Things are heating up in marathon running circles, or should we say slowing down? The New York Times reported that by allowing slower runners on the New York City Marathon route, the intensity of the debate over how quickly an able-bodied runner should finish the once-elite event is increasing.

Adrienne Wald, 54, the women’s cross-country coach at the College of New Rochelle, who ran her first marathon in 1984 said, “It used to be that running a marathon was worth something — there used to be a pride saying that you ran a marathon, but not anymore. Now it’s, ‘How low is the bar?’ ”

Wald could be right. Just look at the stats Running USA, a nonprofit organization that tracks trends in distance running, has: In 1980, the median finishing time for male runners in United States marathons was 3 hours 32 minutes 17 seconds, a pace of about eight minutes per mile. In 2008, the median finishing time was 4:16, a pace of 9:46. For women, that time in 1980 was 4:03:39. Last year, it was 4:43:32.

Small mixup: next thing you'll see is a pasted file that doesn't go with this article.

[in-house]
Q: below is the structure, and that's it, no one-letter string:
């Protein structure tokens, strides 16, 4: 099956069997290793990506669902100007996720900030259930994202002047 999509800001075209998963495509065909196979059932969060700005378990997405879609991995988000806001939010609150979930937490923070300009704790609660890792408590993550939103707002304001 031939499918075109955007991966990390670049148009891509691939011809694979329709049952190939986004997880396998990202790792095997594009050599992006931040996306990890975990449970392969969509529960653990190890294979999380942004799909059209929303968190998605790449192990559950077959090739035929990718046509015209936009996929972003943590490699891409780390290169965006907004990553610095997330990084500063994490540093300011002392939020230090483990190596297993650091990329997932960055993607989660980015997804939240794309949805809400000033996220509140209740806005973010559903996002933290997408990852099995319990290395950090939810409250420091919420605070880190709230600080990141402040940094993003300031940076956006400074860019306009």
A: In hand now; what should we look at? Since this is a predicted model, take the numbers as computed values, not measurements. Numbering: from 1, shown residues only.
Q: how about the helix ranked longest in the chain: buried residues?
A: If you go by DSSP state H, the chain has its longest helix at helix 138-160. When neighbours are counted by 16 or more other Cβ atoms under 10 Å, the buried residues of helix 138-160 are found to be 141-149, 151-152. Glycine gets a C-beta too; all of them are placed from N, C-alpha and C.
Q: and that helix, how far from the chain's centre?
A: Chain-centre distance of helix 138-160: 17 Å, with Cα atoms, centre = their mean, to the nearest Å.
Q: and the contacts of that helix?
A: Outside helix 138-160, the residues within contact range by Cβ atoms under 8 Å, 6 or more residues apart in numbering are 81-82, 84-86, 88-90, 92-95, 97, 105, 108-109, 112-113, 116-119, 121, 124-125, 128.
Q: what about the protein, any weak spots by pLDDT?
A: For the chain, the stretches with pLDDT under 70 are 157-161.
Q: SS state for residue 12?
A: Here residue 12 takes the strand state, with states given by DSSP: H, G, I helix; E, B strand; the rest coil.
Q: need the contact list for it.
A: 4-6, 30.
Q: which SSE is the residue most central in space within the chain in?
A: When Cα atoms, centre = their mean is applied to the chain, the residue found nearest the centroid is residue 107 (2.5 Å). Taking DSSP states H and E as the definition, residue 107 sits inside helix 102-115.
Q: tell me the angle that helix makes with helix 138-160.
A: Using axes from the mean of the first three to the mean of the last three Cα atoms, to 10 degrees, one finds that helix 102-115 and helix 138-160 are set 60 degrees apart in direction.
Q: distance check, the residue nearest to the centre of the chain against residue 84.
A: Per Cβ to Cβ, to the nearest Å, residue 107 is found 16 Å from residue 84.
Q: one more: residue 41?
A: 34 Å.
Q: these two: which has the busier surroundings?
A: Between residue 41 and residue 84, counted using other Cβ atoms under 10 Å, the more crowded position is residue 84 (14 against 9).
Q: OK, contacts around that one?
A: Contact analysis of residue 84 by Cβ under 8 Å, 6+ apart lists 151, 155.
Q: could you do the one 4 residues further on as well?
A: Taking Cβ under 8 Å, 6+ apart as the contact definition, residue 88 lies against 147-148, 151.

John Bingham, a runner who is known as the Penguin and credited with starting the slow-running movement, has been told that he ruined the sport of running, “The complainers are just a bunch of ornery, grumpy people who want the marathon all to themselves and don’t want the slower runners. But too bad. The sport is fueled and funded by people like me.”

The New York City Marathon, scheduled for Nov. 1, will have a field of about 40,000. And even though the race officially ends after 6:30, the timing system will be in place until 8:40 for all those penguins.